b. in 1688 or 1689 — he was 16 at his matriculation from Jesus College, Oxford, on 16 March 1704/5. His father was Edward Morgan(s) (son of John Morgans, ‘gent,’ of Llan-ym-Mawddwy), perpetual curate of Llangelynnin, Mer., from 1672 till 1701; and he had a brother, EDWARD MORGAN, who matriculated with him, although two years older. Edward Morgan the younger was vicar of Towyn, Mer., from 1717 till 1726, and then rector of Llanaber (Barmouth) till his death on 18 June 1749, aged 63. He took an interest in Welsh literature, and had some old manuscripts — Lewis Morris in 1747 speaks of one of them (Cambrian Register, ii, 540).
John Morgan, like his brother, graduated in 1708; he was curate of Llandegfan in 1709-10, and afterwards of Llanfyllin, a place which he regarded with affection. In 1713 he obtained the curacy of Matchin(g), Essex, and ‘incorporated’ as M.A. at S. Catherine Hall (S. Catherine's College today), Cambridge. He preached the S. David's Day sermon of 1728 before the London ‘Antient Britons,’ and in the same year begins to sign his church records as ‘vicar’ — the incumbents of Matching are variously styled rectors and vicars; at present it is a vicariate. Various small improvements carried out by him there are recorded: planting a yew-tree (1729), tuning the bells (1730), levelling the churchyard paths (1732), etc. He d. at Matching, and was buried there on 2 March 1733-perhaps 1734 in our reckoning.
John Morgan was a good Welsh scholar. Besides the poetry collected by him (and some of his own) in Llanst. MS. 15 in N.L.W., there is a collection (Llanst. MS. 20) of Welsh proverbs made by him in 1714. He was a friend of Moses Williams, and corresponded with him about Williams's project of enlarging John Davies of Mallwyd's Dictionarium; one of his letters was printed in the Cambrian Register, ii, 536-in it, in addition to advice to Williams, there are scathing remarks on the idleness of the Fellows of Jesus (Oxford), and on the folly of planting English charity-schools in Welsh -speaking Wales. The letters to Moses Williams came later into the hands of William Jones (1675? - 1749); thus it came about that Richard Morris came to see and to copy them (Morris Letters, i, 97, 106) — today they form Add. MS. 17 at N.L.W. Richard also got hold of John Morgan's annotated copy of Davies's Dictionarium (Morris Letters, i, 180). John Morgan in all probability made the anonymous 1716 Welsh translation of portions of Tertullian and Cyprian — it is certainly ascribed to him by Moses Williams in his register of Welsh printed books (pp. 14,24, 31 of the Welsh Bibliog. Soc.'s 1912 reprint). It is not clear what William Morris (Morris Letters, i, 115) means when he speaks of the ‘abridgement’ which he says was Morgan's work — if he refers to Egwyddorion … wedi eu crynhoi allan o'r Catecism, then we have here a very early instance of the frequent confusion between John Morgan of Matching and John Morgan of Aberconwy, the subject of the article preceding this. For the only other book which we know for certain was the work of the vicar of Matching is that Welsh prose classic Myfyrdodau Bucheddol ar y Pedwar Peth Diweddaf, 1714 (preface dated 6 May, dedication to his former parishioners at Llanfyllin, and englynion to the memory of Edward Lhuyd); this deservedly became a popular book, and went to five subsequent editions. [Compare also the article on Griffith Hughes (1707 - ?)].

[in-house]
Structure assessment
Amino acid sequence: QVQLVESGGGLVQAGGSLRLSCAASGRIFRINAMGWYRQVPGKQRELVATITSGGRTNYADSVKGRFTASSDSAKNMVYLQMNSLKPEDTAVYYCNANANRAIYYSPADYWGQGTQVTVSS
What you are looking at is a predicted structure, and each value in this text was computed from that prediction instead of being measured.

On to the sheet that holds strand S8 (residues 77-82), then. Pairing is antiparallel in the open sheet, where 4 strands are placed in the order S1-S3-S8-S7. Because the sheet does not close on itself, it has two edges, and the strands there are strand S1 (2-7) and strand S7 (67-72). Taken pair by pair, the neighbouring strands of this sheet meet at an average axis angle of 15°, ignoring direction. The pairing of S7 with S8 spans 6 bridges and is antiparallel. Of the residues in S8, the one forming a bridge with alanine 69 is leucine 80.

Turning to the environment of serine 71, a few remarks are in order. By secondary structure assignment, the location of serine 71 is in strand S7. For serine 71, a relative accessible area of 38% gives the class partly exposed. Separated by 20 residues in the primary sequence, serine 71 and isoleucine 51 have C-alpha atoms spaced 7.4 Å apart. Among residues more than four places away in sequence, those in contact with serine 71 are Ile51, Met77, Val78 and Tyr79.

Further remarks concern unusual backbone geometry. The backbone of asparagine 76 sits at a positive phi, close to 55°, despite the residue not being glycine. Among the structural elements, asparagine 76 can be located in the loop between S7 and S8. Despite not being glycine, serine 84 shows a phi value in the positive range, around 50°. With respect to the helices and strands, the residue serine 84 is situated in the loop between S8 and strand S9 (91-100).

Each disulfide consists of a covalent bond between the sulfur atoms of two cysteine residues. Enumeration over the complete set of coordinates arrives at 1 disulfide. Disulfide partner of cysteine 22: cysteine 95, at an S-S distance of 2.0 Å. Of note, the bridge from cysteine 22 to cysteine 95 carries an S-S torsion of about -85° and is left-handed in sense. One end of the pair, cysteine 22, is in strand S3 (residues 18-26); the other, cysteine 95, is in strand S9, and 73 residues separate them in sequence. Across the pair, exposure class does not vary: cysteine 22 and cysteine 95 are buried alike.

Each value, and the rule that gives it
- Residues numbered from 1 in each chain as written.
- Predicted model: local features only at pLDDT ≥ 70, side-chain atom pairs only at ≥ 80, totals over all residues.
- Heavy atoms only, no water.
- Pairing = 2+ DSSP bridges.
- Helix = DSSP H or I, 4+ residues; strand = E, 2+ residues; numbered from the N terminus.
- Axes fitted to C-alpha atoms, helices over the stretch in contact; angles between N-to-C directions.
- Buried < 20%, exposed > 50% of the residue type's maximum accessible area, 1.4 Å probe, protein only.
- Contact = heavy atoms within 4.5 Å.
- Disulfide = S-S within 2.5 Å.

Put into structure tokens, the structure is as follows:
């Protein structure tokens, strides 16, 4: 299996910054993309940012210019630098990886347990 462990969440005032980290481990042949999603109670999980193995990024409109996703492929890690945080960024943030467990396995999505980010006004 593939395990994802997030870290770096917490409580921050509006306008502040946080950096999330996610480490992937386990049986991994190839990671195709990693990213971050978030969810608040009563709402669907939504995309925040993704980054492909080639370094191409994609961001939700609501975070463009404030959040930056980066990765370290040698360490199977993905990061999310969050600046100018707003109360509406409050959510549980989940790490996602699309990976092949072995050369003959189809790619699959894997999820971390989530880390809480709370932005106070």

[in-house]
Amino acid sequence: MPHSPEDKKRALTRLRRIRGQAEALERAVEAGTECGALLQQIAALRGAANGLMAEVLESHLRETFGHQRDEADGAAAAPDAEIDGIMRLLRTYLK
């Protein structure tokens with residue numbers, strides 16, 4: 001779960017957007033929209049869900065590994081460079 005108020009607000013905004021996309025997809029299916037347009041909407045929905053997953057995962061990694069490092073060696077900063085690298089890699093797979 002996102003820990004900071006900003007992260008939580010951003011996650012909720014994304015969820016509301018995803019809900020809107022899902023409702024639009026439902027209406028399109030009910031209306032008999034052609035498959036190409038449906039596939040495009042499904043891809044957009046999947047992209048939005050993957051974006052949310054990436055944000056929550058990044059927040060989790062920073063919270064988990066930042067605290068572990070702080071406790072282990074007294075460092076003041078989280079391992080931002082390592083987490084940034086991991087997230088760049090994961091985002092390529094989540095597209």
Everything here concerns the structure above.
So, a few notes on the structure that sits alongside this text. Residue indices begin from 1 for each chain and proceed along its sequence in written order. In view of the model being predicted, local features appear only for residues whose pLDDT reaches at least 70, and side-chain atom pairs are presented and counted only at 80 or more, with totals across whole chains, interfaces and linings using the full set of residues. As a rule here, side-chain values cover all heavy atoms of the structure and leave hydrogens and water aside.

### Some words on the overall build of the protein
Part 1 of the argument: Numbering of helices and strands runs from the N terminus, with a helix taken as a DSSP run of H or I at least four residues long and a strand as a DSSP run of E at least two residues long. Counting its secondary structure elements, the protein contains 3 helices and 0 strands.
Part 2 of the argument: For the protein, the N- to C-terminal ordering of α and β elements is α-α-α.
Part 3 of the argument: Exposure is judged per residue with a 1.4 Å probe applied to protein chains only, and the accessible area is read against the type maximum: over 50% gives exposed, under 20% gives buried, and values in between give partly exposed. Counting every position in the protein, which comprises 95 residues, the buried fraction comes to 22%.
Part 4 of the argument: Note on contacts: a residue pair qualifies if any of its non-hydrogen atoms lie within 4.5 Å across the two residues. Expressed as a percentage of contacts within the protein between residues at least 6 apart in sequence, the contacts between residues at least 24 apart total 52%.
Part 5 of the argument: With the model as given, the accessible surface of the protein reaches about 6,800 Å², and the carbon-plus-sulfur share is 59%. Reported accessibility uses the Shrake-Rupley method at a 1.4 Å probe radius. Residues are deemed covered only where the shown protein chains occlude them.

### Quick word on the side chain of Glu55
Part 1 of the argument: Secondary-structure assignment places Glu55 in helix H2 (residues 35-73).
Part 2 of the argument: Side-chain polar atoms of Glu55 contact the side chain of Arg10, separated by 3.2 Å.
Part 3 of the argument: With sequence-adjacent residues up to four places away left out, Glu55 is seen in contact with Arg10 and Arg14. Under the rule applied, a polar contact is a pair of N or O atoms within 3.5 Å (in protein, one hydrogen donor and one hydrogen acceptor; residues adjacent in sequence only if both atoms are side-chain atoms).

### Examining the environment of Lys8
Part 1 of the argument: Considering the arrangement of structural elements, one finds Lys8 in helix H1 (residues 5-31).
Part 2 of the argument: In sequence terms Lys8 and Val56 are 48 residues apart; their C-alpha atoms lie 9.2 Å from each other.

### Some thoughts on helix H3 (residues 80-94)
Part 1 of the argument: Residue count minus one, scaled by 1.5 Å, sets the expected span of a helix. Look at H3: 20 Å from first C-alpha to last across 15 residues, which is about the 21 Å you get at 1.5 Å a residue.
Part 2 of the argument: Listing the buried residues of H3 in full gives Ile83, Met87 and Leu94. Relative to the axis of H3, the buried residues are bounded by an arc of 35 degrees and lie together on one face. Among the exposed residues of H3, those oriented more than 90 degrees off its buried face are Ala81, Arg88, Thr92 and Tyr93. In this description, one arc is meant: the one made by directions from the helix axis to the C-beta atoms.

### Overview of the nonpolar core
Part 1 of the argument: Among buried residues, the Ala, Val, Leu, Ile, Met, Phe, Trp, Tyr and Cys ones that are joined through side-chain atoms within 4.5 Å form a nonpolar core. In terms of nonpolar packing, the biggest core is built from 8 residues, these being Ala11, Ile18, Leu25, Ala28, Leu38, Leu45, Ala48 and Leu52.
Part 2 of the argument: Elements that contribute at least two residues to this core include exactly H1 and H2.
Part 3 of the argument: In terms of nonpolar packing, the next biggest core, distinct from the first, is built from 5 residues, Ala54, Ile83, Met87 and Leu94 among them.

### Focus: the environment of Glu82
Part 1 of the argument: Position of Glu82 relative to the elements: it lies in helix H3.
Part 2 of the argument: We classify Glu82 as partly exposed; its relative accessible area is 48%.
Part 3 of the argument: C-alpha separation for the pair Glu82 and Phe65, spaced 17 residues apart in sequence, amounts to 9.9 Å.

Published date: 1959
Article Copyright: http://rightsstatements.org/page/InC/1.0/